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How to Choose Profitable Keywords for Writing on Infobarrel Part One

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By Edited Feb 22, 2016 3 9

Generating Niche and Keyword Ideas

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There are many things that you need to learn about SEO and writing for the internet if you want to succeed at InfoBarrel. It can seem overwhelming to beginners and many people get discouraged and give up if they don't succeed right away. People who are looking to improve their SEO writing, however, will soon find themselves with a passive income stream that will help them pay their bills, save for retirement, or go on vacation.

This list is not comprehensive, but it should help anyone starting out choose keywords that will be profitable. This technique focuses on finding good keywords to make money from Google Adsense. Google Adsense is the easiest way to make money on InfoBarrel and is recommended for all beginners. If you are focusing on selling your own product or affiliate products, most of these keyword techniques can still be used, but you might need to do a bit of tweaking.

The most important thing you can learn is how to choose profitable keywords. These keywords will have to meet a few different criteria. One, they must get a decent amount of searches. If a phrase is only searched a couple of times a month, it won't make you a lot of money. The next thing you want to consider is if it is the type of keyword that displays ads that people are likely to click on. Finally, you want to check your competition. Some competition is good because it shows that the keyword may be profitable, but you'll want to avoid highly competitive keywords unless you are an SEO expert.

Pick a Niche that Clicks on Ads

When you start brainstorming, it is often better to think in niches instead of keywords. We can always drill down later. In general, there are two types of people who are likely to click on ads. One of these is people who are looking for a solution to their problem. And not any problem, but a problem that is affecting their quality of life. We call these people desperate buyers. They want to know how to avoid their home foreclosure or how to get rid of that weird rash. They need their dog to stop barking in the middle of the night and their cat to stop urinating outside of the litter box. Your article will give them some advice and some pointers, but won't hold the final answer to their problem. Instead, they will see the answers promised in the ads that are displayed in your article. A miracle anti-rash cream? Professional foreclosure help? These desperate people will want to click on the ads. They get the solution to their problems and you get paid.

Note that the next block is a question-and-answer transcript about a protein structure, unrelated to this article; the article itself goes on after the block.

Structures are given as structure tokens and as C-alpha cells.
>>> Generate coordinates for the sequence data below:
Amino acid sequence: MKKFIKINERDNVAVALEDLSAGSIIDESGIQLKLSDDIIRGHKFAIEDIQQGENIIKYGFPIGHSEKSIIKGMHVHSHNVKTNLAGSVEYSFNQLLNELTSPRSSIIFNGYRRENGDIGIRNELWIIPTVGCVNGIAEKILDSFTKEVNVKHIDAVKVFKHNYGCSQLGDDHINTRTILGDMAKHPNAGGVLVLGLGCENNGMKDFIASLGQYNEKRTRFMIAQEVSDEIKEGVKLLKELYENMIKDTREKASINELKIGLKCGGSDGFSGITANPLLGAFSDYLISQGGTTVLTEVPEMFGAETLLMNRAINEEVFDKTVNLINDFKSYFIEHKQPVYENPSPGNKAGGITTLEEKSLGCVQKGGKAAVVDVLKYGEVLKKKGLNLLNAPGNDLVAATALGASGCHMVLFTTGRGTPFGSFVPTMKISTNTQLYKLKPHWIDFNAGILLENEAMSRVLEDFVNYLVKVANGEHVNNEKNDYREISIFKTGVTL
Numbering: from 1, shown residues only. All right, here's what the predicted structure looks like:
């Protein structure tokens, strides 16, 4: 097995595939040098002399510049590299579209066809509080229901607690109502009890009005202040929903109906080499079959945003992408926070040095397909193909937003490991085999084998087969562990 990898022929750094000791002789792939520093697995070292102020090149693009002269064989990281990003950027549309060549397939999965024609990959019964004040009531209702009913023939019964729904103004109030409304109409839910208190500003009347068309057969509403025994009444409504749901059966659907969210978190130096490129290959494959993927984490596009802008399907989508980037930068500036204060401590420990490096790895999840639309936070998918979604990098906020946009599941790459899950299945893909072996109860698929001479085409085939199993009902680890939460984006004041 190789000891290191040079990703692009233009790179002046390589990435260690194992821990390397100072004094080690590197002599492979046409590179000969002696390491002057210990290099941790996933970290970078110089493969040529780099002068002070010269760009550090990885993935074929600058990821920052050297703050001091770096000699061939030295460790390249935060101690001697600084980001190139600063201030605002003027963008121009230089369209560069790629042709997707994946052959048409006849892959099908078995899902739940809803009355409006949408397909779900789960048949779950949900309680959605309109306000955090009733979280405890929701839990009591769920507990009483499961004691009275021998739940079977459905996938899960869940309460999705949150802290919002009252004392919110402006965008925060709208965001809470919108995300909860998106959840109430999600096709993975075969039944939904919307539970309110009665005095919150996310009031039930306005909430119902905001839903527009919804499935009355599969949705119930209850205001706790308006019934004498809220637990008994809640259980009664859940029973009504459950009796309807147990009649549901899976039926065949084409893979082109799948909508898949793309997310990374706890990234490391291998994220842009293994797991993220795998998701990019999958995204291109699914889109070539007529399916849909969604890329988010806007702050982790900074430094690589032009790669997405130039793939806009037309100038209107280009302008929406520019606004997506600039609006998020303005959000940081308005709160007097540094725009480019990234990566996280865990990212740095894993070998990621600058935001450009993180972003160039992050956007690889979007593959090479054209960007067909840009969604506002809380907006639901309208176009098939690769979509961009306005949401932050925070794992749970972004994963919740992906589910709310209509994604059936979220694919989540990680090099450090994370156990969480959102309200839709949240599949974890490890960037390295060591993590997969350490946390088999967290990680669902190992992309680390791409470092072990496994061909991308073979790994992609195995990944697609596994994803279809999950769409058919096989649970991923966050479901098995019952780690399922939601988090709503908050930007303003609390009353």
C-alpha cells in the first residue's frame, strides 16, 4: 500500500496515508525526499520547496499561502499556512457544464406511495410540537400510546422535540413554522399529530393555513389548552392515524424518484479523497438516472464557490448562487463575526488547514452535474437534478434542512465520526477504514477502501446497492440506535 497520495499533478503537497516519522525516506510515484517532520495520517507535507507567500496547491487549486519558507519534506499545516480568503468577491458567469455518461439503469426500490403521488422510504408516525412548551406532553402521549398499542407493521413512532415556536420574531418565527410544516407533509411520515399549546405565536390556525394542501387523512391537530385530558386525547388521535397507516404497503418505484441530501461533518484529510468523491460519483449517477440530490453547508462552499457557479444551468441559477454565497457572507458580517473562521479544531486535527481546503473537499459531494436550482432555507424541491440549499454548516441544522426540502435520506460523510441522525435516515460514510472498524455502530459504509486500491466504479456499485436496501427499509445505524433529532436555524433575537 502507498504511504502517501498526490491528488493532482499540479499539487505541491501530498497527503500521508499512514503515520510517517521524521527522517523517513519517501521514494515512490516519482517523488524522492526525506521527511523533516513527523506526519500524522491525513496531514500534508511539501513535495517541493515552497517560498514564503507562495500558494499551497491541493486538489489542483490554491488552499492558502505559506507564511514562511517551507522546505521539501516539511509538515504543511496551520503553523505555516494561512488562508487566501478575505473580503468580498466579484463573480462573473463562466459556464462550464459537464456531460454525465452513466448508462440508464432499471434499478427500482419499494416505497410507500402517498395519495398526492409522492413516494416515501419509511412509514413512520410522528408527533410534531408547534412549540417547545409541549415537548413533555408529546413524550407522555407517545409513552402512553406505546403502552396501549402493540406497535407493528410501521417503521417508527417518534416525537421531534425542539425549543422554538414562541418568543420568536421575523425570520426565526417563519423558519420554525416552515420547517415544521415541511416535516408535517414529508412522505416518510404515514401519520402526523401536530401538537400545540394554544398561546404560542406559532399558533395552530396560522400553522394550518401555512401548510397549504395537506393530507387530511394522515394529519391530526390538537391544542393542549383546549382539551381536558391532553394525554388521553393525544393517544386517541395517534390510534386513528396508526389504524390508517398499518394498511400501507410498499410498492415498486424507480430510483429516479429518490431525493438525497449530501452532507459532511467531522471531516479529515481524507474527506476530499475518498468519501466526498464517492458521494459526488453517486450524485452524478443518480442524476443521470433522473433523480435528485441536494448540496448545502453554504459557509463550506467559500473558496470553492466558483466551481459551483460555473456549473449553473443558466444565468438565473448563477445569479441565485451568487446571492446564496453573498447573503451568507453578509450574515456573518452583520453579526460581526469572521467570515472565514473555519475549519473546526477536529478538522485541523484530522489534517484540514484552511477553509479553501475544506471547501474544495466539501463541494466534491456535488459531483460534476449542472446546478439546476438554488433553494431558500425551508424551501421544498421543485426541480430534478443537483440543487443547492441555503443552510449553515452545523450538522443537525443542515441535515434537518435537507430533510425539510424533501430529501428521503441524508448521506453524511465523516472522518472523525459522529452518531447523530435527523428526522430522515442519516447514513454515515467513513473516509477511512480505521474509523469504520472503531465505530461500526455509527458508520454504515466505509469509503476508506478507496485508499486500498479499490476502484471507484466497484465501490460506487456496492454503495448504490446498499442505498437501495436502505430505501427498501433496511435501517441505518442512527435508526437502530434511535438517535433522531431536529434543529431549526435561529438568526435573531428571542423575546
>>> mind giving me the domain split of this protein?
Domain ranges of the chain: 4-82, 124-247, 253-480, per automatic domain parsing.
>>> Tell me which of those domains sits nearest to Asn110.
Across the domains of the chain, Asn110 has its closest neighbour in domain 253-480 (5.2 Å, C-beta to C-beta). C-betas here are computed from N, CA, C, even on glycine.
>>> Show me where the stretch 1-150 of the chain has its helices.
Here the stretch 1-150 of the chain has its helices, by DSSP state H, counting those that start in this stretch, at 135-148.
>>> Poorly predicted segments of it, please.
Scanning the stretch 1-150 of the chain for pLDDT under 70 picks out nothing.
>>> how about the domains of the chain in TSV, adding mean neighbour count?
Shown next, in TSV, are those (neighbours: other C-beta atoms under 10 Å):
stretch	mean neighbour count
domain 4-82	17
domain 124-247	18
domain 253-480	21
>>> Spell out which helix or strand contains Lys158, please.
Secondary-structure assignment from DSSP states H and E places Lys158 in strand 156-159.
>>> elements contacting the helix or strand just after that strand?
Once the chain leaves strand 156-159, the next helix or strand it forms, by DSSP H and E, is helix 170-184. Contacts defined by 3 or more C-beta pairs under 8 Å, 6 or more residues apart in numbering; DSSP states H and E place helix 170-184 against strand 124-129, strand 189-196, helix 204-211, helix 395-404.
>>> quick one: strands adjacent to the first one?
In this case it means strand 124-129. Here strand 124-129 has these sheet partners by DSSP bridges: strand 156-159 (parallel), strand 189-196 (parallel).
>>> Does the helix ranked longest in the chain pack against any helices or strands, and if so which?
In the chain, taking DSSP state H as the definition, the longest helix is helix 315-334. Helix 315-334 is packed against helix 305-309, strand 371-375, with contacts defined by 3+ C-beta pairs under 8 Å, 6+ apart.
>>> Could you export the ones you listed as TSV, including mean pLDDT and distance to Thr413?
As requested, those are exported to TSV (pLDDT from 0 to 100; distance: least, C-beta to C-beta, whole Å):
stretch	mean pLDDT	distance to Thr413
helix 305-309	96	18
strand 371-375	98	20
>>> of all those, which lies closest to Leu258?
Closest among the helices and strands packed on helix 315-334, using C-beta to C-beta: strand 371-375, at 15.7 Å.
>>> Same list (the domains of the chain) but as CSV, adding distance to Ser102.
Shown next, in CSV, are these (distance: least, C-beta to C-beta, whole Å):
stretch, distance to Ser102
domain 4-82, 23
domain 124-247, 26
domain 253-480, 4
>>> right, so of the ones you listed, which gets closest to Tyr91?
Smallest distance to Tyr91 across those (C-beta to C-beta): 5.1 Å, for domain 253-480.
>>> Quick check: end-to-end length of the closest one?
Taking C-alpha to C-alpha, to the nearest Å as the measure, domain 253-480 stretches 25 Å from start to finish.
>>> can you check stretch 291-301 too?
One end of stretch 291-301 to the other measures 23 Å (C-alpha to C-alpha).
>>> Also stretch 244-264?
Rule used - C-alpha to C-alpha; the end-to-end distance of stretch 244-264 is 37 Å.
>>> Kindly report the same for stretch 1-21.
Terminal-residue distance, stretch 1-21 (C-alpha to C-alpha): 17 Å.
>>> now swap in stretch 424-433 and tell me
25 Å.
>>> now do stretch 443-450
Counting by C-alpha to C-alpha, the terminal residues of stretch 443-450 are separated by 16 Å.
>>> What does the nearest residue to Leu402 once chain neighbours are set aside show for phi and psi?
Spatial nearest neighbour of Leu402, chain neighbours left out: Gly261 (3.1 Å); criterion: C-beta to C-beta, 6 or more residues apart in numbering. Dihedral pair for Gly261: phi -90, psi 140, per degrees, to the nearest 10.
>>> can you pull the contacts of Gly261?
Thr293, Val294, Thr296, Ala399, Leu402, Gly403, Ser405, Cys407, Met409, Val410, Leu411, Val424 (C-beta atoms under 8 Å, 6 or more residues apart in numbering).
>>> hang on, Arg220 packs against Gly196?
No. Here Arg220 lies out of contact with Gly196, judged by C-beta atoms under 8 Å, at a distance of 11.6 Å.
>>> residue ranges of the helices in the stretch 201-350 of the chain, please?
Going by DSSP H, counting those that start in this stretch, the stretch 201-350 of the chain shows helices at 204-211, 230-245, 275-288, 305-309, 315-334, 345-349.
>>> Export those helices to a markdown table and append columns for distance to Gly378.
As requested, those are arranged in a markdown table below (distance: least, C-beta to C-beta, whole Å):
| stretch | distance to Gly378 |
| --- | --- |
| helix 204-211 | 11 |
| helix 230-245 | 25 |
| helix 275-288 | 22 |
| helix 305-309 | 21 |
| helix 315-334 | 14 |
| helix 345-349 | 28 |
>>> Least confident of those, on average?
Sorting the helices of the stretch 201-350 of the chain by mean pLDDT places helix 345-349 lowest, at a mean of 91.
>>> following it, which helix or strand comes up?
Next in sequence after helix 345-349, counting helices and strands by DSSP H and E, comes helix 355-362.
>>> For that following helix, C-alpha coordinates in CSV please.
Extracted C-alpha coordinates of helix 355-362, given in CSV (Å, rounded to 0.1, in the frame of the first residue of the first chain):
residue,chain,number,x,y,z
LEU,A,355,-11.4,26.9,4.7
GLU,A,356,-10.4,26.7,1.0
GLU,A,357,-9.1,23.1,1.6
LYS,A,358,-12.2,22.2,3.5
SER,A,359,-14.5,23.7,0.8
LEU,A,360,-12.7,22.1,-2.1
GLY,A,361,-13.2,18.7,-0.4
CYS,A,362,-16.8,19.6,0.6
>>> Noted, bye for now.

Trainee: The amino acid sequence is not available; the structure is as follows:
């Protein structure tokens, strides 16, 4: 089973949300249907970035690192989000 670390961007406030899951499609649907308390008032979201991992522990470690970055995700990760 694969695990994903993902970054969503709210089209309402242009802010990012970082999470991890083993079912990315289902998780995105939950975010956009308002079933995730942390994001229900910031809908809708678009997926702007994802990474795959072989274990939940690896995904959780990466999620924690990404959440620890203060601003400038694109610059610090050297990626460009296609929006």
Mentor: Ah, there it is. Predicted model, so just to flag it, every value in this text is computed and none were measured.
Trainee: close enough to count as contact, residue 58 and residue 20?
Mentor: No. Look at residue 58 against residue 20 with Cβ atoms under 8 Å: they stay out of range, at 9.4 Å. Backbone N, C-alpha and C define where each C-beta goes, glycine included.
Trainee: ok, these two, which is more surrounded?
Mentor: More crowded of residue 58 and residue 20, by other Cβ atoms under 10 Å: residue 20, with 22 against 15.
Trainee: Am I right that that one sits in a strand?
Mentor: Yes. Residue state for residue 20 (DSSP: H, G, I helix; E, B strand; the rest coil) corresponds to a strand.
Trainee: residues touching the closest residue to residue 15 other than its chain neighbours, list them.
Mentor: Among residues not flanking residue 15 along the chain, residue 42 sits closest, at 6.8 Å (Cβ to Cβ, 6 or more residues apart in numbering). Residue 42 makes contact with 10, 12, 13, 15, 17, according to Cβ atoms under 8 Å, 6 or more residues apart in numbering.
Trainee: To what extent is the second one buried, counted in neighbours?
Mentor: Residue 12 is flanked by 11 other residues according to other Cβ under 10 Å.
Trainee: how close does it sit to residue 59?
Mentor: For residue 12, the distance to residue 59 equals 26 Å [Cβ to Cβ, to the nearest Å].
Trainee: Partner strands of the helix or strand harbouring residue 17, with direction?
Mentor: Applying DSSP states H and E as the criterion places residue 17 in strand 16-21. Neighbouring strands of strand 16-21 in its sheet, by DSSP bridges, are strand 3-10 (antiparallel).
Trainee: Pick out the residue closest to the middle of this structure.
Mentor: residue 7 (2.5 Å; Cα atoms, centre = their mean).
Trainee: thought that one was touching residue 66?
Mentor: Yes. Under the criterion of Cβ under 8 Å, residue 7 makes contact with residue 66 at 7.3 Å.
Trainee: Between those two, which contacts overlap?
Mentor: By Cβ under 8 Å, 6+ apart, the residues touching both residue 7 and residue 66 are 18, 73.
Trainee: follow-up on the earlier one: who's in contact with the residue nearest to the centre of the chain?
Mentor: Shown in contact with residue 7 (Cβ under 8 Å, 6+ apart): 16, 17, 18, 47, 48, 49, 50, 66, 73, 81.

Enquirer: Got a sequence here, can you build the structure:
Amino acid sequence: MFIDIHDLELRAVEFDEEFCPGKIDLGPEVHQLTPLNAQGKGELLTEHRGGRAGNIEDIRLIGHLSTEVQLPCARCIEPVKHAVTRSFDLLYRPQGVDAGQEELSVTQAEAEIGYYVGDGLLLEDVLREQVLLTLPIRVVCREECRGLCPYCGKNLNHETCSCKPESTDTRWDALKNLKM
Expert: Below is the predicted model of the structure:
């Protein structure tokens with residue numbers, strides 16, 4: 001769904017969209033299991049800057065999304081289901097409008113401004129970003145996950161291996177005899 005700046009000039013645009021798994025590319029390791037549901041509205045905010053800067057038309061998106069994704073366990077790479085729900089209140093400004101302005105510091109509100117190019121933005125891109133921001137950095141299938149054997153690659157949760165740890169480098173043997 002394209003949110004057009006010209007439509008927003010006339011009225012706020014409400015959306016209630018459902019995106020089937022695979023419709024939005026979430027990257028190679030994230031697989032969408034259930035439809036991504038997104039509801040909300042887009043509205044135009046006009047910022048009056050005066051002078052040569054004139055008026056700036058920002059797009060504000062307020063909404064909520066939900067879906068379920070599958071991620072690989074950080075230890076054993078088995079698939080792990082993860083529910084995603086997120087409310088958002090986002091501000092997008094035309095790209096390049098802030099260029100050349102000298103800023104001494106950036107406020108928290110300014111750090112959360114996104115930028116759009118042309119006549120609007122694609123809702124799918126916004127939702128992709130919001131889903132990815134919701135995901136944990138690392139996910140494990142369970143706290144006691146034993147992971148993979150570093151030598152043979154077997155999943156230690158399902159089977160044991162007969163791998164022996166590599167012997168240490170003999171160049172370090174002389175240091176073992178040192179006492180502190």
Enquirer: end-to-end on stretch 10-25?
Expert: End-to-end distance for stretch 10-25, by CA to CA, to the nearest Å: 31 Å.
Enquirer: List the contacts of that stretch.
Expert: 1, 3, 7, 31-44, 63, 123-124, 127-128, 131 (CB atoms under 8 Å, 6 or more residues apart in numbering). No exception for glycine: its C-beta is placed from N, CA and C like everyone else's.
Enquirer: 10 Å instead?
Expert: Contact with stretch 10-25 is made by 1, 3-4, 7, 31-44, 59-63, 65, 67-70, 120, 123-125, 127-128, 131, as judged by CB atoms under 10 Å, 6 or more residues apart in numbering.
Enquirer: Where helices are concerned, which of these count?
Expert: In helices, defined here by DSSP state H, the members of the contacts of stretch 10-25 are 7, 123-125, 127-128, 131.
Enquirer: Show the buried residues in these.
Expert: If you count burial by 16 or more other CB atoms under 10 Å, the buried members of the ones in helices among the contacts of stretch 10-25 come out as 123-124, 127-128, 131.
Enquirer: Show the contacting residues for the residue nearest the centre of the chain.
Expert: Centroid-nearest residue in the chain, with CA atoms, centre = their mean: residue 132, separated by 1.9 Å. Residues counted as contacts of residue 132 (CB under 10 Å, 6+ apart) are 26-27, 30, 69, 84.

The other type of ad-clickers are the product buyers. These are people who have their credit cards in hand and are getting ready to buy. You provide them with a review of the product or a comparison of different brands. The more specific you are, the more likely you are to attract buyers. People who are searching for a specific name brand or model number are more likely to buy than people who are just looking for some information. While these people are reading your article, they notice an advertisement offering free shipping or a big sale. Since these people are thinking about buying anyway, they are likely to click on the ads. They found the information they are looking for, you get paid, and the advertiser gets a new customer. Everyone is happy.

If trying to think up good niches leaves your mind blank, carry around a notebook for the day. Whenever you hear someone complain about a problem, jot it down. Walk through the house and write down some of your favorite products. This could be your tennis shoes, your coffee pot, your washing machine, or your cat litter. Go to Amazon or Ebay and see what some of the top sellers are in each category. Walk through the magazine aisle at the bookstore. If there are magazines on a subject, there are probably advertisers as well.